[0030] The invention described in this application is useful with all mechanical configurations of disc drives having either rotary or linear actuation. In addition, the invention is also useful in all types of disc drives including hard disc drives, zip drives, floppy disc drives and any other type of drives where unloading the transducer from a surface and parking the transducer may be desirable.

[0031]FIG. 1 is an exploded view of a disc drive 100 that includes a rotary actuator. The disc drive 100 includes a base 112 and a cover 114. The base 112 and the cover 114 form a disc enclosure. An actuator assembly 120 is rotatably attached to the base 112 by an actuator shaft 118. The actuator assembly 120 includes a comb-like structure 122 having a plurality of arms 123. There are load beams or load springs 124 attached to the individual arms 123 on the comb 122. A slider 126 is attached at the end of each load spring 124. The slider 126 carries a magnetic transducer 150 to form what is typically called the head. It should be noted that the slider may have one transducer 150, although the invention is equally applicable to sliders having more than one transducer.

[0032] A voice coil 128 is attached at the end of the actuator arm assembly 120 that is opposite to the load springs 124 and the sliders 126. Attached within the base 112 is a pair of magnets 130 and 131. The pair of magnets 130 and 131 and the voice coil 128 are the key components of a voice coil motor which applies a force to the actuator assembly 120 to rotate it about the actuator shaft 118. Moving the actuator assembly 120 maneuvers all of the load springs 124 in unison.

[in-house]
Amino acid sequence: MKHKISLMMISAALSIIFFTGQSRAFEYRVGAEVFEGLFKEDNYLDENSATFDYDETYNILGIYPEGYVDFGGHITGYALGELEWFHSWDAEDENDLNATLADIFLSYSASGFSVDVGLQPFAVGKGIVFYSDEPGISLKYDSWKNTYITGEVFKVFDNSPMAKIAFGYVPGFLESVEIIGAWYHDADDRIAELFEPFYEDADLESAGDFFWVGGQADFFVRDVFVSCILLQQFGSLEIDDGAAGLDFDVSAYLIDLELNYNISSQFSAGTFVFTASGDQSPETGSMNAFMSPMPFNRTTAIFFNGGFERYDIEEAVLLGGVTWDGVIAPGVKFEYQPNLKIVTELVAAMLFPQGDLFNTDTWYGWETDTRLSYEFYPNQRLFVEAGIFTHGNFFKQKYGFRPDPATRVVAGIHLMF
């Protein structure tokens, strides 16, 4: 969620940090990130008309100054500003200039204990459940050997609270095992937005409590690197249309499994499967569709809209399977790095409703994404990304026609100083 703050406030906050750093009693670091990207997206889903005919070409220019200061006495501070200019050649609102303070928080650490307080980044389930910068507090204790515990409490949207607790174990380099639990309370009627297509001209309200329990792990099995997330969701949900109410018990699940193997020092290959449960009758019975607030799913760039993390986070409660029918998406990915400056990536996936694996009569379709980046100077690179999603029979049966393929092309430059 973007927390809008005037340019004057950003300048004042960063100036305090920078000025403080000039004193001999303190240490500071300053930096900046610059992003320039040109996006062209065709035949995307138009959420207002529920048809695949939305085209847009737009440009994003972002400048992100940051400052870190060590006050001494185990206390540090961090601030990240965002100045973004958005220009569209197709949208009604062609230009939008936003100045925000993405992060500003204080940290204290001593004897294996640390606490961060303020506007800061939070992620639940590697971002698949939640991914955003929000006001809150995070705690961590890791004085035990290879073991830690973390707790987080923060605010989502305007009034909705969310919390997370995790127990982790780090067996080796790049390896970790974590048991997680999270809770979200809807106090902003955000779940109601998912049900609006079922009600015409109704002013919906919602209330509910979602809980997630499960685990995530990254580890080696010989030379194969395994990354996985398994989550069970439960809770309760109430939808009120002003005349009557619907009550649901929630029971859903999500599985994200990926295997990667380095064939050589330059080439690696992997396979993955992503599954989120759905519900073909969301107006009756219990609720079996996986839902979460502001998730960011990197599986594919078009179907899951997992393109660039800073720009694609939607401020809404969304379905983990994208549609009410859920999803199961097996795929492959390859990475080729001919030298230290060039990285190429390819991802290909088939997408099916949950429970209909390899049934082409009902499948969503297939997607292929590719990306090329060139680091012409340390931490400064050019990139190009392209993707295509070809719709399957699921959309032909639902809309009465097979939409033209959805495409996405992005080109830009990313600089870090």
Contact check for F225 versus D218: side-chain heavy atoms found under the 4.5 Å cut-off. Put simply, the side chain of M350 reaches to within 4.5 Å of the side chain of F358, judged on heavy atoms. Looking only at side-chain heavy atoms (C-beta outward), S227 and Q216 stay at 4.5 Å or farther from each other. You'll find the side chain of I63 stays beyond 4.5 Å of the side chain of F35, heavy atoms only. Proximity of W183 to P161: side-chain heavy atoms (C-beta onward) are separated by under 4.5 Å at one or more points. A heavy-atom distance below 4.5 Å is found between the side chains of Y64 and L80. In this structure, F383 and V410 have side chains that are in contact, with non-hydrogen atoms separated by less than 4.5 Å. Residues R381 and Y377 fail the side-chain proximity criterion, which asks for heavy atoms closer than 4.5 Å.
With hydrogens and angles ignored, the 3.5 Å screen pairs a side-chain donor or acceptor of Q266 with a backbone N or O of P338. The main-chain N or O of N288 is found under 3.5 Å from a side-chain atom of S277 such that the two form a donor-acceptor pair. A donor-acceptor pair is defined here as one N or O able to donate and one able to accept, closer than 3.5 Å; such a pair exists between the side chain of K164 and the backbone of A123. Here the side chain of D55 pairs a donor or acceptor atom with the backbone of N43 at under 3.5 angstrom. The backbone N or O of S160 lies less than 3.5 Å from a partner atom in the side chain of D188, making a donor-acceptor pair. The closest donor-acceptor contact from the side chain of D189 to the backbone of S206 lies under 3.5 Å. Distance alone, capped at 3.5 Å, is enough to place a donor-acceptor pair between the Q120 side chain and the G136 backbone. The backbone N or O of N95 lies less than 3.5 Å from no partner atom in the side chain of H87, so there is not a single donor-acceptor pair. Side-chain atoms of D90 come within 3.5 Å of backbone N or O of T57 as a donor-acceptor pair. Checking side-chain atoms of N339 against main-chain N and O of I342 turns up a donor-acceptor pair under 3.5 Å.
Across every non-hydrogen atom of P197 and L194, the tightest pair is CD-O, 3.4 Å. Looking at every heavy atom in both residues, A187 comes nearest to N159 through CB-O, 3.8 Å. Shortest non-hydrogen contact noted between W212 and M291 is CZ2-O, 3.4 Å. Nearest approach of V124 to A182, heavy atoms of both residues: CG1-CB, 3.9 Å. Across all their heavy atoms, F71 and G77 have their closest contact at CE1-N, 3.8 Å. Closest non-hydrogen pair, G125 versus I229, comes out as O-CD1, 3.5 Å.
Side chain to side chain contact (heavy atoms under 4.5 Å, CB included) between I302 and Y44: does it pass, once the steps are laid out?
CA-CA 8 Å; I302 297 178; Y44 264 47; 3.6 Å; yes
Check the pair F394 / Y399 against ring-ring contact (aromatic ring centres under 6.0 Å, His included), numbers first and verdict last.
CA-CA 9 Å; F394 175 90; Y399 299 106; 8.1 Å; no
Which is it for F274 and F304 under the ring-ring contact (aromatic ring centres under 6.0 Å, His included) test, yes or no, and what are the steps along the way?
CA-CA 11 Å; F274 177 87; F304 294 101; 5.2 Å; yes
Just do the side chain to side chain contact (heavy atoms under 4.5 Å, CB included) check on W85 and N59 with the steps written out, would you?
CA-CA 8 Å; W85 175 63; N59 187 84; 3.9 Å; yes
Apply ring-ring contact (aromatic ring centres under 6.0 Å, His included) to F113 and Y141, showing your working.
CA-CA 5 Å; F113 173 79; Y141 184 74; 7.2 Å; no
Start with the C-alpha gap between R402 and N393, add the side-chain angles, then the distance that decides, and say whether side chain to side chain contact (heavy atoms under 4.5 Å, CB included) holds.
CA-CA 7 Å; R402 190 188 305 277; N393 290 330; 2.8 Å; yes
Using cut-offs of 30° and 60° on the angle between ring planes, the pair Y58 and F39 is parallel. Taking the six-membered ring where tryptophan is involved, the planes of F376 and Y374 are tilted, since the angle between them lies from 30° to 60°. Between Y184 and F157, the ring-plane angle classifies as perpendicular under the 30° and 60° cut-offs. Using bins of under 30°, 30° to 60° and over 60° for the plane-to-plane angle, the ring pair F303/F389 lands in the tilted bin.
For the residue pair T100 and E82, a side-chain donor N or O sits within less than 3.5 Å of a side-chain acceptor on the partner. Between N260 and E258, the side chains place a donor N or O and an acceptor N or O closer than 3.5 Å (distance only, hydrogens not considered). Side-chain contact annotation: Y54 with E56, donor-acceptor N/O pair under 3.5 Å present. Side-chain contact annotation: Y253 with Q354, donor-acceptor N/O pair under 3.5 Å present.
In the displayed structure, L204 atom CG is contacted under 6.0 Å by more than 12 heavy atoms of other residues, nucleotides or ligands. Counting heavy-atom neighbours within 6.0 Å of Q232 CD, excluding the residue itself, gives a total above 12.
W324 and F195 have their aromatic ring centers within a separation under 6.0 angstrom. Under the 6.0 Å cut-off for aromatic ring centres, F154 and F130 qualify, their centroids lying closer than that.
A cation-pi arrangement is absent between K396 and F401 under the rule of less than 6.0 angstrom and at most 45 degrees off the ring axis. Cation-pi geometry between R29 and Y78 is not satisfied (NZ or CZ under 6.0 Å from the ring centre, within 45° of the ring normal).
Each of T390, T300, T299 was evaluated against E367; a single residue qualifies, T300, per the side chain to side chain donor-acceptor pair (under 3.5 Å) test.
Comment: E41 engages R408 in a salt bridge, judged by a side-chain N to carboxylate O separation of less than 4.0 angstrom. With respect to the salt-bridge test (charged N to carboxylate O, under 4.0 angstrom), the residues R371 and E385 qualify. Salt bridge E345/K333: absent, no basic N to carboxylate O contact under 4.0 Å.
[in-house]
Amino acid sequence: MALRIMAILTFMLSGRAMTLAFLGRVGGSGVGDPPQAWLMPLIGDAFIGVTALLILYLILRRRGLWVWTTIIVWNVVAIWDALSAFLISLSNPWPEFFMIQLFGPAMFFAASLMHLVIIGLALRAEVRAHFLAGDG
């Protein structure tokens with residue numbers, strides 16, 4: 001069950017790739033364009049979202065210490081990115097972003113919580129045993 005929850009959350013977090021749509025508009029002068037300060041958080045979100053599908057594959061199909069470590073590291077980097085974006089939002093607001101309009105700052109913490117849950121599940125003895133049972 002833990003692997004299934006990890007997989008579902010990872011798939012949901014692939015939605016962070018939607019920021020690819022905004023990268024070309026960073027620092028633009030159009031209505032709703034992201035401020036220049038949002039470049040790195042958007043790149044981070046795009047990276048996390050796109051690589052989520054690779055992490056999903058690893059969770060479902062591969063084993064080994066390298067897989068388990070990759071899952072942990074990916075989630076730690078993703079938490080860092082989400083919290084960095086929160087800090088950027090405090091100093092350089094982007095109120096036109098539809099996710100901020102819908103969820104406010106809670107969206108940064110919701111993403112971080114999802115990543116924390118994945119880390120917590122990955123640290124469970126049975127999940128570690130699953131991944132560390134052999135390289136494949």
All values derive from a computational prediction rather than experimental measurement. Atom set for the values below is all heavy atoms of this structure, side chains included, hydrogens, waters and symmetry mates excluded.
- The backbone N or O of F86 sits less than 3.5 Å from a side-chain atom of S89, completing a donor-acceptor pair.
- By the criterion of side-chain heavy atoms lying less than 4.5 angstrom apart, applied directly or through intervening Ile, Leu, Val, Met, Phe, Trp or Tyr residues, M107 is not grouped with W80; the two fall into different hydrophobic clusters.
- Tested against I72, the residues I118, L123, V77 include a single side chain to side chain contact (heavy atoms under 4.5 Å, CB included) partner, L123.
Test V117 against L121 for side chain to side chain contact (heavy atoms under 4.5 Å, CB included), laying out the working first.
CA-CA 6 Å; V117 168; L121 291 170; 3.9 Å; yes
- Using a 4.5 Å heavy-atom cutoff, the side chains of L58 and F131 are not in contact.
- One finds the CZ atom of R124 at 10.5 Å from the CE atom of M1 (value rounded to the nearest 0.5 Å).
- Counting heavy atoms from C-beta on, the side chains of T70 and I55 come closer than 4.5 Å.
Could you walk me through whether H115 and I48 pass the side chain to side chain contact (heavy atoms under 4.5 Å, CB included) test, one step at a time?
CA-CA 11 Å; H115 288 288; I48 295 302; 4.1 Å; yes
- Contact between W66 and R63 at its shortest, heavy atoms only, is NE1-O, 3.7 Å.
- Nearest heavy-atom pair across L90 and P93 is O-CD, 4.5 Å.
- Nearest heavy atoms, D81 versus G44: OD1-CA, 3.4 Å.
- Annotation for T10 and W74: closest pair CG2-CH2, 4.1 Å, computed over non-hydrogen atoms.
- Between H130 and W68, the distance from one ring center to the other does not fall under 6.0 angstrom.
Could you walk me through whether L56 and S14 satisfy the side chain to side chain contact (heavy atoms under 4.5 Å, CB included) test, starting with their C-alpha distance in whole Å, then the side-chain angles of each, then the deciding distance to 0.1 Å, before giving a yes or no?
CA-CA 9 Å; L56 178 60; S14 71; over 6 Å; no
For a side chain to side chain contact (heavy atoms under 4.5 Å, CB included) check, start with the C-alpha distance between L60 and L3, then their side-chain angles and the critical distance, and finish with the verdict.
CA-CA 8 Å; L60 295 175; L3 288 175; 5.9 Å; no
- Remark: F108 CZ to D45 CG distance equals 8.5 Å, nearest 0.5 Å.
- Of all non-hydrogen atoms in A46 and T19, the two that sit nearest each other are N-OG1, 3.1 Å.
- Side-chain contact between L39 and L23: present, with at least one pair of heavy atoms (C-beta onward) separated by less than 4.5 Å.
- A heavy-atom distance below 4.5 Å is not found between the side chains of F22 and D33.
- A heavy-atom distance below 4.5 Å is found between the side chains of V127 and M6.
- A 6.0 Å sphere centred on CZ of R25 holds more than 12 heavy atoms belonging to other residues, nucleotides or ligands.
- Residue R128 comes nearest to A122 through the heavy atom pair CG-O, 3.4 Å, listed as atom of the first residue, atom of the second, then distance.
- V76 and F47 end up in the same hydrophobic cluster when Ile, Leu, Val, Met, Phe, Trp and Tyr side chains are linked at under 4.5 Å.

[0033] A spindle motor is mounted to the base 112. The spindle motor includes a rotating portion called a spindle hub 133. In this particular disc drive, the spindle motor is within the spindle hub 133. The disc drive 100 illustrated in FIG. 1 includes a number of discs 134 are attached to the spindle hub 133 such that the spindle motor rotates each of the discs 134. It should be noted that in other disc drives a single disc or a different number of discs may be attached to the hub. The invention described herein is equally applicable to such other disc drives.

[0034]FIG. 2 is a bottom view of a slider 126 of the present invention. The slider 126 includes an air-bearing surface. The air-bearing surface is at least partially formed from surfaces on a single center pad 210, a first side rail 220 and a second side rail 222. A single-level cavity 240 is formed between the side rails 220 and 222 as well as the center rail 210. The slider 126 also has a leading edge 260 and a trailing edge 270. The transducer 150 is positioned at or near the trailing edge 270 and is encapsulated within a layer 151 of material, such as alumina, within the center rail 210.